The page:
Wednesday, February 27, 2019

Reader's Diary #2010- Shauntay Grant (writer), Eva Campbell (illustrator): Africville

I have a bit of an unfair aversion to serious/sentimental children's picture books. Way back during my teacher training I had a children's lit prof who poo-pooed all the fun, silly children's books I liked as a kid in favour of those with heartwarming messages and watercolours. I've finally come to accept that there's room for both kinds of books but I still have a residual resistance to the latter, the stuff that I know she would have liked.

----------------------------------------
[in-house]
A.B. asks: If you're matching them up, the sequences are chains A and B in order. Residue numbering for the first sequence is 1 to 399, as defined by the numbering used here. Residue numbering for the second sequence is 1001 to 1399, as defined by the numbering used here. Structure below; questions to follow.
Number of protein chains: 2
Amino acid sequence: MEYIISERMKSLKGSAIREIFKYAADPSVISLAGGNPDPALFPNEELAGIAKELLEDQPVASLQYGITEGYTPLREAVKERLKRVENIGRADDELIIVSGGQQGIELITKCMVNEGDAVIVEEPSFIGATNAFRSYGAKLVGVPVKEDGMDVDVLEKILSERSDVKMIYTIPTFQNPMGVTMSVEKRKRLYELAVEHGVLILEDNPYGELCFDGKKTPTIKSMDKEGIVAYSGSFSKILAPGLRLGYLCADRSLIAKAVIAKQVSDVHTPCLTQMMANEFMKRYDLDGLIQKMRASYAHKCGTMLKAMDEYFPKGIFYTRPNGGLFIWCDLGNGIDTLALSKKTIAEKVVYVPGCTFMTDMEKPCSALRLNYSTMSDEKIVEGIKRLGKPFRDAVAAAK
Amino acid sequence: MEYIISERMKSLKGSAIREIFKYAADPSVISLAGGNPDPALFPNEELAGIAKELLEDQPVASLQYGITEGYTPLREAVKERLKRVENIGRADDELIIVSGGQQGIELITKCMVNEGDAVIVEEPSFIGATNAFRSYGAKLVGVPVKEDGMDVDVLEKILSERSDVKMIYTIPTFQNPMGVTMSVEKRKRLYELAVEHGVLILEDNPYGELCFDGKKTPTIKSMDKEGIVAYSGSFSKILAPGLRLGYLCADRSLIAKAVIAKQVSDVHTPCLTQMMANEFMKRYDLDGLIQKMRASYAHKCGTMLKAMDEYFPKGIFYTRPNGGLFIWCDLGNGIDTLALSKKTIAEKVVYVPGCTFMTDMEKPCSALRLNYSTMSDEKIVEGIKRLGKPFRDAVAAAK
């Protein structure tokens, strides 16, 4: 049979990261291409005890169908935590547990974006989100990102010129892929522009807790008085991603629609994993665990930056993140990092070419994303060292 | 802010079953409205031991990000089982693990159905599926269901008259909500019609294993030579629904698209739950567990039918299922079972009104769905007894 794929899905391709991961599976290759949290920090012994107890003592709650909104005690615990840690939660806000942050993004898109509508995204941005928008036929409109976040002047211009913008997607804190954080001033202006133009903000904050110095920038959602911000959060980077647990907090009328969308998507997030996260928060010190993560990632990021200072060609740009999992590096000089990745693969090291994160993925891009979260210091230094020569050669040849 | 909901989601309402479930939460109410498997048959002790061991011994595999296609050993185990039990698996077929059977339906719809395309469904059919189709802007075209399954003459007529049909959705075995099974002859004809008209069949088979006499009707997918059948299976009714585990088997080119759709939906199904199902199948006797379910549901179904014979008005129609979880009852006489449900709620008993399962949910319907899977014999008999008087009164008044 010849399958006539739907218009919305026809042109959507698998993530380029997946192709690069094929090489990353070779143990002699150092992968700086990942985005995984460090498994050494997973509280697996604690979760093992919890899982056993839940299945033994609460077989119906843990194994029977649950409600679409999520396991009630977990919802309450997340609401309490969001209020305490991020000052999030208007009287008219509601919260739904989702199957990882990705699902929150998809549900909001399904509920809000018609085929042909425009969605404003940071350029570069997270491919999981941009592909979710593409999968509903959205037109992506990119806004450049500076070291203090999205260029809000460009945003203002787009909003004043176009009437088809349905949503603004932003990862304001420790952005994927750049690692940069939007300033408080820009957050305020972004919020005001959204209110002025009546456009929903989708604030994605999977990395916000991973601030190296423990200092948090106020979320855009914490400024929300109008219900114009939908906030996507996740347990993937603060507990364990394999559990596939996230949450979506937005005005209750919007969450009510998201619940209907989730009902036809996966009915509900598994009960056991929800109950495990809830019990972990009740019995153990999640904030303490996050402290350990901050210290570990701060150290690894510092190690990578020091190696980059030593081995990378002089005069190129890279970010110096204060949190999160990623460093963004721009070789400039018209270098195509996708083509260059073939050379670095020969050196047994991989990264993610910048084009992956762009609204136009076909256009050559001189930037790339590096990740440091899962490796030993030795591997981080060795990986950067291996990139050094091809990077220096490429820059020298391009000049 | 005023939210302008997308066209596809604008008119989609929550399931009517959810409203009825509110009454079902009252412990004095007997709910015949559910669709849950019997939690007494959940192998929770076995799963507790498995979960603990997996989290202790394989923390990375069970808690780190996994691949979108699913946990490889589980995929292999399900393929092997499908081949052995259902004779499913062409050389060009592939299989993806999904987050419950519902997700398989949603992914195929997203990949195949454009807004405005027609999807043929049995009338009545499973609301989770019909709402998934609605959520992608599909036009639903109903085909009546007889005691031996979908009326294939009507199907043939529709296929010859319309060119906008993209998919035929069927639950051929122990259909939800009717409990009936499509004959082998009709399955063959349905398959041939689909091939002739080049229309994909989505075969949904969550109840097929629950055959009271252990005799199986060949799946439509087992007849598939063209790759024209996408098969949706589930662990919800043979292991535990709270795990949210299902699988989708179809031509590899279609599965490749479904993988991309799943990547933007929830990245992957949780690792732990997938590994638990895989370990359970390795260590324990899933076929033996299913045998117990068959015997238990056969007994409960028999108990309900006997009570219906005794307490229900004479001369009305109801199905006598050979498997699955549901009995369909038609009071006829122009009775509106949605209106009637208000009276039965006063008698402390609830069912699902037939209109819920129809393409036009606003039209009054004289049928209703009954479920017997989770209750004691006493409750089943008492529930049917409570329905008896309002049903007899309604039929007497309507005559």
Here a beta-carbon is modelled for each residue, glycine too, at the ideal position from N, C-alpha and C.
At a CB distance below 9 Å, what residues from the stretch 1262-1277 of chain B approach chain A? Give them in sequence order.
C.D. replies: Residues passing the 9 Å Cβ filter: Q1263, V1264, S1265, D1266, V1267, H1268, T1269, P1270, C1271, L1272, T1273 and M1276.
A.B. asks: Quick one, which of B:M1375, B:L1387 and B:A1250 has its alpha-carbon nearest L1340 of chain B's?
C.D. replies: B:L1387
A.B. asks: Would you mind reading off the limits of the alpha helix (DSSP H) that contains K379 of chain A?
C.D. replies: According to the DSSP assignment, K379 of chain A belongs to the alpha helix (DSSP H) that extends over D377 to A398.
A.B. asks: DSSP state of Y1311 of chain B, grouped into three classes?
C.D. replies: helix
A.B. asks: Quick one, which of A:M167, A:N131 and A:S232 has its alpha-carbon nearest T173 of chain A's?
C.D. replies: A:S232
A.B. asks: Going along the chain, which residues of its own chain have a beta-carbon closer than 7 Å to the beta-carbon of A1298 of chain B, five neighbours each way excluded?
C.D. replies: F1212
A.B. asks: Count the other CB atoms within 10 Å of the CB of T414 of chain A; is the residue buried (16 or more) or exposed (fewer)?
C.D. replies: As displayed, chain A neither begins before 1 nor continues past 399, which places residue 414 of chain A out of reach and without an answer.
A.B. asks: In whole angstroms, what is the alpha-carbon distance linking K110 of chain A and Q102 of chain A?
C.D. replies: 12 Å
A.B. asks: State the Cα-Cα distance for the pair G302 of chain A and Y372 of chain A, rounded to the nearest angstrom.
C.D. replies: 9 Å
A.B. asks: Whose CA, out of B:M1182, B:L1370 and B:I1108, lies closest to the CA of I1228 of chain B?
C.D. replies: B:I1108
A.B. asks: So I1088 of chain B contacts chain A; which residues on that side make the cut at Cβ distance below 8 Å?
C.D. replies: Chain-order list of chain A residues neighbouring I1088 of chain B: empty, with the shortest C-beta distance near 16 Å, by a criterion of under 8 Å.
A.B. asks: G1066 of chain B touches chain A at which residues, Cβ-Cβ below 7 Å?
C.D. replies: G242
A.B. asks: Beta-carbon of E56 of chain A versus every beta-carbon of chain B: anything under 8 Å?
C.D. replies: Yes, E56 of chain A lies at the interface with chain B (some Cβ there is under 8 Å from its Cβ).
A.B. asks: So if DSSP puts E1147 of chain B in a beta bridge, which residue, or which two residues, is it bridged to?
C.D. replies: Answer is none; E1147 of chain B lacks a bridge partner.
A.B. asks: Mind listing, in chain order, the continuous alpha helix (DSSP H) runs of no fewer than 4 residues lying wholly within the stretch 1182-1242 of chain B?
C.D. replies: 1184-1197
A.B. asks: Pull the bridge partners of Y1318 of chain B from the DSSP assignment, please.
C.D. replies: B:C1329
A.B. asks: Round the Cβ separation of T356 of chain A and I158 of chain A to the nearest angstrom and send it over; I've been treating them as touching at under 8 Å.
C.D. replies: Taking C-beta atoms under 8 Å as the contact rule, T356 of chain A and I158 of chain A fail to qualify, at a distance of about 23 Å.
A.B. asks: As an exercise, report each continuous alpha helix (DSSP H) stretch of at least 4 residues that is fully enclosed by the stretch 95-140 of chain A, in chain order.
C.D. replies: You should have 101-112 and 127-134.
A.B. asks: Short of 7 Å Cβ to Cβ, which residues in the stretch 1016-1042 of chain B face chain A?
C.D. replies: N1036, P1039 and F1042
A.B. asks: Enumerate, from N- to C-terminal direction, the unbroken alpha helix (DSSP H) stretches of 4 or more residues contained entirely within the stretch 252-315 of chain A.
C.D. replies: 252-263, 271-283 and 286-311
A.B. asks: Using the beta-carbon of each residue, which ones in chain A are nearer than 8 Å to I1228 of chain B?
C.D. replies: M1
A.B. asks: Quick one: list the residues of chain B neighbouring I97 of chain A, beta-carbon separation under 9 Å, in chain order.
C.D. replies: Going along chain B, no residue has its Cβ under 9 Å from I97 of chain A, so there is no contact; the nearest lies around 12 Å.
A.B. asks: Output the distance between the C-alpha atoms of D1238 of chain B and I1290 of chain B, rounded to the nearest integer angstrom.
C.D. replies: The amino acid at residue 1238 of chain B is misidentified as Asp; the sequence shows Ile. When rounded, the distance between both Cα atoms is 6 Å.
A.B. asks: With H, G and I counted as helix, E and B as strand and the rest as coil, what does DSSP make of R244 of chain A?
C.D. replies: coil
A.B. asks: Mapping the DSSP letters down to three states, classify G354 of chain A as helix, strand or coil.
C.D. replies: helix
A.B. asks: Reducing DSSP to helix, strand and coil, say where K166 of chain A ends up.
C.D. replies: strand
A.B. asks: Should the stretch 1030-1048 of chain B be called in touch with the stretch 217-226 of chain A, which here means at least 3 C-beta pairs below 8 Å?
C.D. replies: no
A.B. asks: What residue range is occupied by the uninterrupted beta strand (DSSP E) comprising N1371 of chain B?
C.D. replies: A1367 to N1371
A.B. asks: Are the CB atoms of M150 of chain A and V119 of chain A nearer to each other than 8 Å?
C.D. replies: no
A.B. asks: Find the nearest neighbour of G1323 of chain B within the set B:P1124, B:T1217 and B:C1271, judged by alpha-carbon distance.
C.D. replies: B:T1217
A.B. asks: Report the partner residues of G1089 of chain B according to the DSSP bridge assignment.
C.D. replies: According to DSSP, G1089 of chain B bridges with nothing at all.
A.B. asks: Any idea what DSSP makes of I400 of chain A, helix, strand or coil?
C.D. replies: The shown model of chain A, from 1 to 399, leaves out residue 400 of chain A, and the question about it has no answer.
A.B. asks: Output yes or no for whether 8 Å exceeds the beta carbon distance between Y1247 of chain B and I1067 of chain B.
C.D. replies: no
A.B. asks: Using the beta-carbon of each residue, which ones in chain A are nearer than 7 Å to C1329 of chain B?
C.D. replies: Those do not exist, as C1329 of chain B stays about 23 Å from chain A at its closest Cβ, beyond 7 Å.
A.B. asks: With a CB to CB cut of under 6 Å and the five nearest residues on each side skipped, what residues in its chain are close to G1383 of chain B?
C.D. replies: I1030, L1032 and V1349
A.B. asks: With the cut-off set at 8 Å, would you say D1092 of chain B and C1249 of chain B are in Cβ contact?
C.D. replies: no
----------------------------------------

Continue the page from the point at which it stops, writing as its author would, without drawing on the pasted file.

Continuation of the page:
Africville, I imagine, would have been more of her scene. The art is realistic and rich (I'd guess oil pastels, but I'm not sure) and the grain of the canvas showing through adds an additional heftiness. Text-wise, it's a bit of a non-rhyming poem, with just a few lines on each page loosely telling a story of a child visiting Africville and having fun.

There are end notes, however, that better explain the context. Without those, I'm not sure I'd have appreciated the book the same and that makes me a little more skeptical that the book works all that well. But maybe everyone who picks it up would be likely to read the notes. In which case, it's a fascinating and important part of Canadian history and culture that more people should be aware of.

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